The choice of antibiotics to treat community-acquired pneumonia (CAP) is primarily empiric, and the effect of this choice on length of stay (LOS) and mortality is largely unknown.
To examine the impact of antibiotic choice on these outcomes in general medical patients hospitalized with CAP.
One hundred patients hospitalized with CAP were prospectively identified. Seventy-six met inclusion criteria and were entered into the study. After hospital discharge, each medical chart was examined by 2 independent physicians who verified the admitting diagnosis and entered the data for antimicrobial regimens, a CAP mortality prediction tool, a social and disposition index, and other health outcomes. Patients were stratified according to the antibiotic received. Simple regression techniques were used to examine the correlation between initial therapy, specifically, ceftriaxone sodium or a macrolide, and LOS and mortality.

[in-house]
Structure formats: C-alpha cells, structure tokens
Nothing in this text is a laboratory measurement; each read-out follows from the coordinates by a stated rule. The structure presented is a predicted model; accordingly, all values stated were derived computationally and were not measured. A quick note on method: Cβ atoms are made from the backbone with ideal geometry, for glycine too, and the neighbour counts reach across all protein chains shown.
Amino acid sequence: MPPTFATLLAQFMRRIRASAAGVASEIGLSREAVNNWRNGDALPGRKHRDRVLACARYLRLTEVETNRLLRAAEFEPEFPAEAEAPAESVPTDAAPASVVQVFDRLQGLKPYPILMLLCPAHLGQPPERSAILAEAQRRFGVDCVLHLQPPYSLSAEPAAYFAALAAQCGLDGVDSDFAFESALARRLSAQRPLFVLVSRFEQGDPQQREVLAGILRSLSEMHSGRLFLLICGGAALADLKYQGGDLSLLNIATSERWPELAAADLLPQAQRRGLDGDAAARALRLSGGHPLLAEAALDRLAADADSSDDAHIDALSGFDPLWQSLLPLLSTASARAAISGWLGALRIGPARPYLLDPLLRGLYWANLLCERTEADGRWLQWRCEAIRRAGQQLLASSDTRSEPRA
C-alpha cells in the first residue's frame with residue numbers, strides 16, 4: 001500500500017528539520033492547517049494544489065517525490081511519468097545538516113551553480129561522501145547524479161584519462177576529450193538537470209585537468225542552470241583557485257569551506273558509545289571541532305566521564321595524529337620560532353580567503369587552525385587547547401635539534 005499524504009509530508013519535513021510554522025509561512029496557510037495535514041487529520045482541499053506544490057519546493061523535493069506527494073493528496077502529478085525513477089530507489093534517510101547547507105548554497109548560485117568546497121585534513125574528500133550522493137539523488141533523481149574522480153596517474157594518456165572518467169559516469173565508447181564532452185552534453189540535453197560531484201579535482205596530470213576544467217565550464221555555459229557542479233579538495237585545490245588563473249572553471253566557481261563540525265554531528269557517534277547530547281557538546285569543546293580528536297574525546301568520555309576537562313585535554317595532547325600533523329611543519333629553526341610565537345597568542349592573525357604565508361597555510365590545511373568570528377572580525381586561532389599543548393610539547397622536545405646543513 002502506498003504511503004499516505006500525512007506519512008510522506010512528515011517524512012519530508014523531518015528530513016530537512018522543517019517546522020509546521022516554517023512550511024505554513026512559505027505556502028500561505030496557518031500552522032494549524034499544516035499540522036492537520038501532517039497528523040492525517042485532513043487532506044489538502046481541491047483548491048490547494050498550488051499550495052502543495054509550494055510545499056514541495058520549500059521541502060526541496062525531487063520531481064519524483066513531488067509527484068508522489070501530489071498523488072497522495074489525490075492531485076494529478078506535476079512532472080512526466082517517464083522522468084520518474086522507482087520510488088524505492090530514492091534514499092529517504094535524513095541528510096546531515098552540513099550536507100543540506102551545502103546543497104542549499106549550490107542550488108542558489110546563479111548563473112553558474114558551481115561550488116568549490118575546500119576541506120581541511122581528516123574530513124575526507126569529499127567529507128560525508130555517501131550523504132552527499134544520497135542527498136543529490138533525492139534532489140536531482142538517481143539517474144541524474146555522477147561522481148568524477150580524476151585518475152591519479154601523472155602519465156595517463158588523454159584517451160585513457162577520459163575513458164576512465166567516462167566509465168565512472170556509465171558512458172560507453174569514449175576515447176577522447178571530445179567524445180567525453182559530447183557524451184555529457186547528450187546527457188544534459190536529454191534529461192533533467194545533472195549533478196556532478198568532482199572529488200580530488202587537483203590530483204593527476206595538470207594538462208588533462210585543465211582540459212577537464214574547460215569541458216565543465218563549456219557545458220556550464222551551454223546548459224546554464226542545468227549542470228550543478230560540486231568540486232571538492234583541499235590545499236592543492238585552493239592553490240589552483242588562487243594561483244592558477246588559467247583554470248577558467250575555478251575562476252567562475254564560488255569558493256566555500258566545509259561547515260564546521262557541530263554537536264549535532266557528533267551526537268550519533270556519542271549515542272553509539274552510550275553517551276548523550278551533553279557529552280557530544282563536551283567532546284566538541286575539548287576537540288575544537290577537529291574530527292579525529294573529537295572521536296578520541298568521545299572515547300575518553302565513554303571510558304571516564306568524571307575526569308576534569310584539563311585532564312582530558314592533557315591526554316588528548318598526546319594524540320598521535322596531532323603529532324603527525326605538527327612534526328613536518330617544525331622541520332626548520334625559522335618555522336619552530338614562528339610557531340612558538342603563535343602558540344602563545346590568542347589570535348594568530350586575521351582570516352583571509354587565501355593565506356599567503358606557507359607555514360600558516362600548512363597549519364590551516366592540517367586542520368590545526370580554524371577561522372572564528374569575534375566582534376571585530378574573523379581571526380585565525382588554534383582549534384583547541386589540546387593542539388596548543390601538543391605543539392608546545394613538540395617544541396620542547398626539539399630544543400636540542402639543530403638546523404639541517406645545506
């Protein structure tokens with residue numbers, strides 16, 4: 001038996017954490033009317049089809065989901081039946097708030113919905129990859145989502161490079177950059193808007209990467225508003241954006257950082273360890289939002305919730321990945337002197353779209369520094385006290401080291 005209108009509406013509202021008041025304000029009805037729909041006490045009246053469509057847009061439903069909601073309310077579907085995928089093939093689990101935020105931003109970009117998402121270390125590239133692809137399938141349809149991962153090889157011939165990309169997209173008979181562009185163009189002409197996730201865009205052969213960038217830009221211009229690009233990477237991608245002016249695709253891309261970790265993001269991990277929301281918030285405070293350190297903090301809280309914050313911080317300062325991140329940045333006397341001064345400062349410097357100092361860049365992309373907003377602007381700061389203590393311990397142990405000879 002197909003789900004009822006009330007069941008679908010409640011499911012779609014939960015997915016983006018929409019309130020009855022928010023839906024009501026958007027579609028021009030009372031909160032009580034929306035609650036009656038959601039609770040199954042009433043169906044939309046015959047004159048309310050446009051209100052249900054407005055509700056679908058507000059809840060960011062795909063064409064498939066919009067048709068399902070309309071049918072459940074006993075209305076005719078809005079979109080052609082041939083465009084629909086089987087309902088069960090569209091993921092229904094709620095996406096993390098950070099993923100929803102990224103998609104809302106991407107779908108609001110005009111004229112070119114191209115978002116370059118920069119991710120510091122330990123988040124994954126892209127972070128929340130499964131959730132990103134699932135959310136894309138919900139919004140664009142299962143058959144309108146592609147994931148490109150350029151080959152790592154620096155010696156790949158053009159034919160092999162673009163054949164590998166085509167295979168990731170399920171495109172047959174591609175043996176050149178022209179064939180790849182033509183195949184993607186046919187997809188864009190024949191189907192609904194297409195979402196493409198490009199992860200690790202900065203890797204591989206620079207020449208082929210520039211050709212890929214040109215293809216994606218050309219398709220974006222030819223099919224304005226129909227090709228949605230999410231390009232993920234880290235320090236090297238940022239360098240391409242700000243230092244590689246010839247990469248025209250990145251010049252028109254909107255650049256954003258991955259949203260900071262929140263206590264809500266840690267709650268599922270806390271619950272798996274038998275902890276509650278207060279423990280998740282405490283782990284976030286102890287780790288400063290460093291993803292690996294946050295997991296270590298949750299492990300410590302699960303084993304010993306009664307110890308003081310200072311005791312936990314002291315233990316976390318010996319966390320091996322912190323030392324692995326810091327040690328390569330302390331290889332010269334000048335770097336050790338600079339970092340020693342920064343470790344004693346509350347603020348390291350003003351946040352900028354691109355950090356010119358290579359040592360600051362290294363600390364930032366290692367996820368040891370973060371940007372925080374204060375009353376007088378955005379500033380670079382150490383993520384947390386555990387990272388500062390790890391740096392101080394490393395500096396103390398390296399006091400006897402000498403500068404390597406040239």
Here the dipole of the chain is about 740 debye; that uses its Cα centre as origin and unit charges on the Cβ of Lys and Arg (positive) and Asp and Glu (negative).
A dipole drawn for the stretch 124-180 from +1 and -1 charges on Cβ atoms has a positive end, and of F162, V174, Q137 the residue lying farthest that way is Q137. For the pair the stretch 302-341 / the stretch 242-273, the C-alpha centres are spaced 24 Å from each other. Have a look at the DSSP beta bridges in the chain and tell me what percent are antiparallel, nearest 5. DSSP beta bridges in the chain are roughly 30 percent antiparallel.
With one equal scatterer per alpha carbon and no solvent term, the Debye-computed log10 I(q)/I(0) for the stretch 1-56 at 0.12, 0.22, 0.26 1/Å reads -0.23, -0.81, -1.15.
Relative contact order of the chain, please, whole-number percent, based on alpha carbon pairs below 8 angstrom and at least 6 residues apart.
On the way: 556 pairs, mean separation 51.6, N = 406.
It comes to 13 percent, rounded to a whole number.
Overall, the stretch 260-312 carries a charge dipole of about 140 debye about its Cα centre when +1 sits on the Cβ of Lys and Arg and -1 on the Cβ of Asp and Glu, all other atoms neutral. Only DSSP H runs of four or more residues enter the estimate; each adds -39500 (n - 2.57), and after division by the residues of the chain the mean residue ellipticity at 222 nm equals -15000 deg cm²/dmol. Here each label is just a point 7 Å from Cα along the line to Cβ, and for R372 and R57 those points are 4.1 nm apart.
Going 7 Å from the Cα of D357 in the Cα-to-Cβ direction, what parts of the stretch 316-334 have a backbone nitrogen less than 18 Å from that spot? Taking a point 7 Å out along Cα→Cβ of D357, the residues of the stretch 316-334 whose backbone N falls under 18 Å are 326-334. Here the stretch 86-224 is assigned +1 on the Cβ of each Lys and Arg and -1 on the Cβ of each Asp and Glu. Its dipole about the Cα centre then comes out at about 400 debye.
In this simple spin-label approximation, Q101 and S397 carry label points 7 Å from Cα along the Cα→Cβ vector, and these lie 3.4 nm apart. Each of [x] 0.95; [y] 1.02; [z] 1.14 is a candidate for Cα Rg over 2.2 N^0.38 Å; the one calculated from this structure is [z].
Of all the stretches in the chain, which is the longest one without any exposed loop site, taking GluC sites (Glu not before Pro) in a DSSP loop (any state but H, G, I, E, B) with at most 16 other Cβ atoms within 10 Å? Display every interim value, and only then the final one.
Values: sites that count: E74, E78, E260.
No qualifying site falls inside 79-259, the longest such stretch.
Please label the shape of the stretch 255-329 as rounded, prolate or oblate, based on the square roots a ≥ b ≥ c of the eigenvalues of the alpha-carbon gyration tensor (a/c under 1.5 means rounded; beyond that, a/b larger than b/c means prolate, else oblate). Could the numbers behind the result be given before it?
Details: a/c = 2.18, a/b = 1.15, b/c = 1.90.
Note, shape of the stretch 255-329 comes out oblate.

Patients who received macrolides within the first 24 hours of admission had a markedly shorter LOS (2.8 days) than those not so treated (5.3 days; P=.01). This effect diminished as the interval before administering macrolides increased. Including ceftriaxone as part of the initial therapy did not appear to affect LOS. Patients given a macrolide for initial treatment did not differ significantly from those not treated in terms of mean age, mortality prediction tool score, or Social and Disposition Index score. Eleven of the 12 patients who received macrolides also received a β-lactam antibiotic.
Use of macrolides as part of an initial therapeutic regimen appears to be associated with shorter LOS.